Reverend Darrell Mitchell ’51 attributes much of his success in his track career to his faith and time here at Morningside College.
Mitchell grew up in a home that was full of love, but it wasn’t until he began high school that his family became more serious about their faith. For Mitchell, it was as simple as saying grace at the dinner table with his sister to begin making faith more intentional. This moral growth continued all the way his senior year of high school when Mitchell gave his life to God and was called to go into ministry.
“It was Rev. John Ackman who helped me get enrolled at Morningside College. I chose [it] over any state institution because of their Christian values. With a faculty holding moral values and Christian organizations on campus, it built confidence in my life,” Mitchell said.
During his time at Morningside, Mitchell was a part of the religious student group, Kappa Chi. His understanding of the Bible grew, and he treasured the annual week of special chapel services the school offered. He was also given the opportunity to meet with Dr. Roadman, the president of Morningside, who gave him the book “The Ultimate Futility”.
“Dr. Roadman played a big part in making me think about making this a better world to live in. Mahatma Ghanaian, the great leader in India once said, ‘Be the change you wish to see in the world’,” Mitchell said.
Mitchell’s spiritual life was not the only part of his life that was cultivated while attending his undergrad. During his time at Morningside, his track and field career also flourished.
“In my senior year, I ran the 880-yard run in the North Central Conference Track Meet. I came in fifth place, with a time of 2:02. I earned my Morningside track letter that day,” Mitchell said.
When thinking back to the most memorable parts of his time on the track team, Mitchell recalls the relationships and support system he built. One particularly important relationship was a mentorship with Morningside Track and Football Coach George Allen.
“Coach Allen would always time me when running a 600 meter. He helped me to develop confidence in myself,” Mitchell said.
After graduating from Morningside, Mitchell attended Wesley Theological Seminary in Washington D.C. and then went on to do two years of clinical pastoral education at Topeka State Hospital in Topeka, Kan., and another year at the Methodist Medical Center in Kansas City, Kan. During his continued education, Mitchell’s love for track persisted. He continues to run and receive awards to this day.
“In the Iowa Senior Games, I have won over 200 gold medals and I am not sure how many silver and bronze medals. In the National Senior Games [alone] I have won two gold medals, five silver medals, and one bronze medal,” Mitchell said.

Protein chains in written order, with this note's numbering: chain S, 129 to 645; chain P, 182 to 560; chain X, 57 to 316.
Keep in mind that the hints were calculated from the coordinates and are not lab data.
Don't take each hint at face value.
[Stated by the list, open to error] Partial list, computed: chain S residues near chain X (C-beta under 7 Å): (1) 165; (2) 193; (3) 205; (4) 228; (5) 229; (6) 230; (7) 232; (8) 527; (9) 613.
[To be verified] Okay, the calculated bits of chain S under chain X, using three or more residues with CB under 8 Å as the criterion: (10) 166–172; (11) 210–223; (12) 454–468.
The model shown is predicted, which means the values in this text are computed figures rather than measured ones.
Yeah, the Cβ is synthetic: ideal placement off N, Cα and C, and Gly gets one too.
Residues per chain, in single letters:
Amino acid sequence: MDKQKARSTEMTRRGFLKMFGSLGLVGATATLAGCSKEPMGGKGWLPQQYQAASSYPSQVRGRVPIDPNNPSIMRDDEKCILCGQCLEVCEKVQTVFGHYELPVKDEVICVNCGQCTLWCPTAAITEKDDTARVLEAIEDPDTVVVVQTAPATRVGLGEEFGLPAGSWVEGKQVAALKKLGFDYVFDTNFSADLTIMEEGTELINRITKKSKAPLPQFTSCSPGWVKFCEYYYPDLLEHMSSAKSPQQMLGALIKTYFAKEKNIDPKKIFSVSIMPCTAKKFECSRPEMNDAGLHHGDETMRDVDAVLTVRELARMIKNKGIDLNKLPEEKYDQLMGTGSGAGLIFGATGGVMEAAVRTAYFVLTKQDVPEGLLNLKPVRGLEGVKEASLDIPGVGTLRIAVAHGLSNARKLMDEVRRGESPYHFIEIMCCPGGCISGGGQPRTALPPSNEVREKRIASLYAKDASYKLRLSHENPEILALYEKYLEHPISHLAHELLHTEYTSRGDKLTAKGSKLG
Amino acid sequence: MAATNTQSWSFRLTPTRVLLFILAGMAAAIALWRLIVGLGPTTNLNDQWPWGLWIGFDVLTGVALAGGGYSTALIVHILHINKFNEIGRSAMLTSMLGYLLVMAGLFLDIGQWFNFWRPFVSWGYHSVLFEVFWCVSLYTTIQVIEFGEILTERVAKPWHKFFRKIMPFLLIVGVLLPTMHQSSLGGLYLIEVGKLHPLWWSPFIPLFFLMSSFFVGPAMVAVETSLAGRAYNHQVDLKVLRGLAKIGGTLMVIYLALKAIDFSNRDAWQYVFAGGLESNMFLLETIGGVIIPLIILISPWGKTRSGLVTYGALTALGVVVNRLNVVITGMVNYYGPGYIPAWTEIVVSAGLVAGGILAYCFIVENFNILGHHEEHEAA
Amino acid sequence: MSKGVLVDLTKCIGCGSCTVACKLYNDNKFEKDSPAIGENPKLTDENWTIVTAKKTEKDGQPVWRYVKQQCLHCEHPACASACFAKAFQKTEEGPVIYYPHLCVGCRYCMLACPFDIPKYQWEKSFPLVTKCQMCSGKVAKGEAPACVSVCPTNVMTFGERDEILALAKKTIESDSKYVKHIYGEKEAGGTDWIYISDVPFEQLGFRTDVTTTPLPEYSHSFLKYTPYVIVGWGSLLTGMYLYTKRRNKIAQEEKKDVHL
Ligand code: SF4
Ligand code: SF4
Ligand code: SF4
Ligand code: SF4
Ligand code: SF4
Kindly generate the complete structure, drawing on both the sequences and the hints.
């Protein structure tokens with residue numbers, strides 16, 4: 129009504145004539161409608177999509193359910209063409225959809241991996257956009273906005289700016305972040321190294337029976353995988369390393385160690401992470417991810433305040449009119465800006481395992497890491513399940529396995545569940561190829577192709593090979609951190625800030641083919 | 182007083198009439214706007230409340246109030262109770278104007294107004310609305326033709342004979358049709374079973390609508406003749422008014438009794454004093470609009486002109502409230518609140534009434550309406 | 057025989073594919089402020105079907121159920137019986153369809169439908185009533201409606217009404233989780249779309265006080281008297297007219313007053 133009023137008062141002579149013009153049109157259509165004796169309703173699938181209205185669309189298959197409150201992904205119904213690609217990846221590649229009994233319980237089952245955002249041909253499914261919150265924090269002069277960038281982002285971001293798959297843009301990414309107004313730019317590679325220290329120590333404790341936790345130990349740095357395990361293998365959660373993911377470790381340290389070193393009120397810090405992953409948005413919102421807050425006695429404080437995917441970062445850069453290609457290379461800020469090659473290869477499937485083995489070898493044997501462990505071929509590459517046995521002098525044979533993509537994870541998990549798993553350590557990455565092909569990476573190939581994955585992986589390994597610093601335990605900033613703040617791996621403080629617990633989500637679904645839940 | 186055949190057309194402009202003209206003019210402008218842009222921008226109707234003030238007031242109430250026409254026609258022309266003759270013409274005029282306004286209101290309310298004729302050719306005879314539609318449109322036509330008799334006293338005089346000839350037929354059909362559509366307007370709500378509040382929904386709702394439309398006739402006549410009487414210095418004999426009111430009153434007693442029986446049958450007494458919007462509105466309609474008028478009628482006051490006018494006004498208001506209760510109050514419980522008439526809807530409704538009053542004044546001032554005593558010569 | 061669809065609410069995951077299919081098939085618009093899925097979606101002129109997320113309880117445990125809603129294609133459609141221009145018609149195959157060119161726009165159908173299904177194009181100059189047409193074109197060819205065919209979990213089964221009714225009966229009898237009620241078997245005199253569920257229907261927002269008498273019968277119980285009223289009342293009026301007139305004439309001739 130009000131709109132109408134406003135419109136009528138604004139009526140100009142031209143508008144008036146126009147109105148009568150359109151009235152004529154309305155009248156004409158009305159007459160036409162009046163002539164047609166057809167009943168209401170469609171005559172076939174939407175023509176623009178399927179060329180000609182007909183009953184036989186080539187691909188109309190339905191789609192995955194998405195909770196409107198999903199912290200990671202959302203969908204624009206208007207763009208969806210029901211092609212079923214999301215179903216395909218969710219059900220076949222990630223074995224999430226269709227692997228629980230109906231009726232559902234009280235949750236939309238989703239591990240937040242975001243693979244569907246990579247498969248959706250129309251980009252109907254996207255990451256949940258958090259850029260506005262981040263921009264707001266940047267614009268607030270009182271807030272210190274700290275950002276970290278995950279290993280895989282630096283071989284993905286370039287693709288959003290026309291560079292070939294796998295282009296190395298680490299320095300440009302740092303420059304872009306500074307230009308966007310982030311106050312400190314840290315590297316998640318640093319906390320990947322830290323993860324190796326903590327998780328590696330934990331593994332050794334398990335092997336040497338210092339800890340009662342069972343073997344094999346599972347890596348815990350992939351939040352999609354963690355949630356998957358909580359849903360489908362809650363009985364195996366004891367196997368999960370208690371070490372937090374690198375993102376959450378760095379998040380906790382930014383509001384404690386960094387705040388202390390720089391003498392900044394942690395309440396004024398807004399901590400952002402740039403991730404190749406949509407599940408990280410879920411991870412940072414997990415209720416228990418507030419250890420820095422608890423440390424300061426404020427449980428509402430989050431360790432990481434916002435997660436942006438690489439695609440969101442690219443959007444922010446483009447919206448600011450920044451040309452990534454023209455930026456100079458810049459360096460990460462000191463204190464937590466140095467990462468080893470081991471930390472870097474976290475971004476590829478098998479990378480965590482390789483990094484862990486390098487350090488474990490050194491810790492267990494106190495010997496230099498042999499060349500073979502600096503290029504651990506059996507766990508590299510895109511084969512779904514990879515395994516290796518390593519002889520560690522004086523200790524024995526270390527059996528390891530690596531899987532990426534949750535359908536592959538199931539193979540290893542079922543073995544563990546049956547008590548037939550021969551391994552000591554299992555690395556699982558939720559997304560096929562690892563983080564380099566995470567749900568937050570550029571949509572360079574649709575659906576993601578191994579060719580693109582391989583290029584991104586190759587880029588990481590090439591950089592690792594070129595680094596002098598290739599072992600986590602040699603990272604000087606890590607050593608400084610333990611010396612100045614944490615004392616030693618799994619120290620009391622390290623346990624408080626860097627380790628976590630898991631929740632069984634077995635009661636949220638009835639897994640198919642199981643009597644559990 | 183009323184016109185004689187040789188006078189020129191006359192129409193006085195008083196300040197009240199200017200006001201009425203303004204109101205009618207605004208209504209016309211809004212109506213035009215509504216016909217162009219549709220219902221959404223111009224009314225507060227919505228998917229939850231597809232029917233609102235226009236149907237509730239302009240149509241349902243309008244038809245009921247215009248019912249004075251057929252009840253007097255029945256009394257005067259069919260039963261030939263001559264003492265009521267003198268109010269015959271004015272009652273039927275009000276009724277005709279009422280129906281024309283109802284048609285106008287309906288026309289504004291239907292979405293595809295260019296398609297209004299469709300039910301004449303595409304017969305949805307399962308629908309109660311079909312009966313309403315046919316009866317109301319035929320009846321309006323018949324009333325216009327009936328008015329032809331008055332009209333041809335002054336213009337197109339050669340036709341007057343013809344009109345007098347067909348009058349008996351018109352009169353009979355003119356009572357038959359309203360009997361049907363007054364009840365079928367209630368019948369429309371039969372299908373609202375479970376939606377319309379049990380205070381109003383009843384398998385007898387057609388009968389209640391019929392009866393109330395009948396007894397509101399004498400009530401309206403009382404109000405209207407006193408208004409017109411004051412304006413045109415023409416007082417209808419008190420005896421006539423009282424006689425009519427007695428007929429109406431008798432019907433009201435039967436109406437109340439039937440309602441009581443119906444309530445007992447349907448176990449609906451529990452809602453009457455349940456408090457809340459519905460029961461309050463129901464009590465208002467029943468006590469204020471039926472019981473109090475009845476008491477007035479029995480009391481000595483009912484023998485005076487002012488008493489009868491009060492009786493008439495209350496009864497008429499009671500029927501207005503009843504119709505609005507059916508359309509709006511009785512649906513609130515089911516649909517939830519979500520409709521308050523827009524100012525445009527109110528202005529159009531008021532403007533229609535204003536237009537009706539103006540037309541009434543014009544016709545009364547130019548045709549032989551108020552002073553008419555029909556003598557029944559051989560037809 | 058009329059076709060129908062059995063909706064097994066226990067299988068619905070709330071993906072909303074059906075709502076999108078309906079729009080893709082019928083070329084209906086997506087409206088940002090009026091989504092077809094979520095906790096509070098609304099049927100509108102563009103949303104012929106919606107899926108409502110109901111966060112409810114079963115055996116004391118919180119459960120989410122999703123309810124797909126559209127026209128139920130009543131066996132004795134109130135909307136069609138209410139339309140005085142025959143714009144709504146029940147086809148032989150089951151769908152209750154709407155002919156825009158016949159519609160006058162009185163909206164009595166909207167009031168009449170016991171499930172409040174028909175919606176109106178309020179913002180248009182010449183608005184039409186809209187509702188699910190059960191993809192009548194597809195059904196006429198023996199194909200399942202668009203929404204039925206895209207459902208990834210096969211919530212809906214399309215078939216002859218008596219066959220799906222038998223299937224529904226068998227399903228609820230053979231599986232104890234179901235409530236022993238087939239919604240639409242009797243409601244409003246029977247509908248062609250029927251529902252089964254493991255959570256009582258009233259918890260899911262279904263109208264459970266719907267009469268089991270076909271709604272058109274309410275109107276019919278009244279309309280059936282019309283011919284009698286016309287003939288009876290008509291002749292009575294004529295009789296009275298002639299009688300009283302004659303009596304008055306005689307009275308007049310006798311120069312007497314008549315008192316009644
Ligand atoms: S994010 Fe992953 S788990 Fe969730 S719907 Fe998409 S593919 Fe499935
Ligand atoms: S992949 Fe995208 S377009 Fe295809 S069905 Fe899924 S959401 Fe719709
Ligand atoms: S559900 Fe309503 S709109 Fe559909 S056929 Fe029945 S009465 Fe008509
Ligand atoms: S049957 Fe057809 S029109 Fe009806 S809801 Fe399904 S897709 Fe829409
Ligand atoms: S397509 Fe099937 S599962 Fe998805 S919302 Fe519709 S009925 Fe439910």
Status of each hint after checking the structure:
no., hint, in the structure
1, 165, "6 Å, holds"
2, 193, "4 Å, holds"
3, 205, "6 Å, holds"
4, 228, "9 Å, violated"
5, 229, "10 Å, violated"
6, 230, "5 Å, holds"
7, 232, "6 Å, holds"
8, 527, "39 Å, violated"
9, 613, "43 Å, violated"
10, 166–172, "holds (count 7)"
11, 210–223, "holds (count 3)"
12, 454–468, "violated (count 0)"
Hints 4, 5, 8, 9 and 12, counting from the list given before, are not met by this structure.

In addition to a long list of awards, Mitchell has been named to the Iowa Senior Games’ Hall of Fame. Underlying it all is his persistence in overcoming challenges he has faced throughout his career, including recovering from a torn hamstring in his right leg when he was 86 years old.
“One orthopedic doctor said, ‘Darrell, I think you should give up running’ and another doctor said, ‘Perhaps with physical therapy, you might be able to run again’. I took his advice and within three months of physical therapy and nine months of working out at our local YMCA, I was able to run and participate again,” Mitchell said.
And ever since his recovery, Mitchell has done nothing but thrive in his running career.
“When I was 90, I ran in the National Senior Games in Albuquerque, N.M. I won two gold medals in the 200 and 400 meters. When I crossed the finish line it was like my track coach, [Coach] Allen, was telling me ‘Come on, Mitch, you can do it,’” Mitchell said.
During this race, Mitchell decided to wear a special t-shirt that said, “Blessed are the peacemakers” and the verse Hebrew 12:1 to express his faith in a creative way. His wife and family members joined the celebration by wearing red shirts that said “Run, Darrell, Run”.
Mitchell has three values he lives by: working towards a peaceful world, treating his body as if it is a temple of God, and letting Christian hope enter into his life even when things do not go just right.
“With this kind of faith, endurance, and not giving up, has made [it possible for] me to become a national gold medalist,” Mitchell said.
His values not only allowed for his accomplishments on the track but also transferred to his work in social justice. In 2011, he was awarded the special award from the Methodist Federation of Social Action, of the United Methodist Church, in the Iowa Conference for his work in bringing peace and social justice in Israel, which he says felt like another gold medal achievement.
If you are interested in reading more about Mitchell and his faith, his book “Grandpa Darrell Rocks and Run” can be found in the Hickman-Johnson Furrow Learning Center.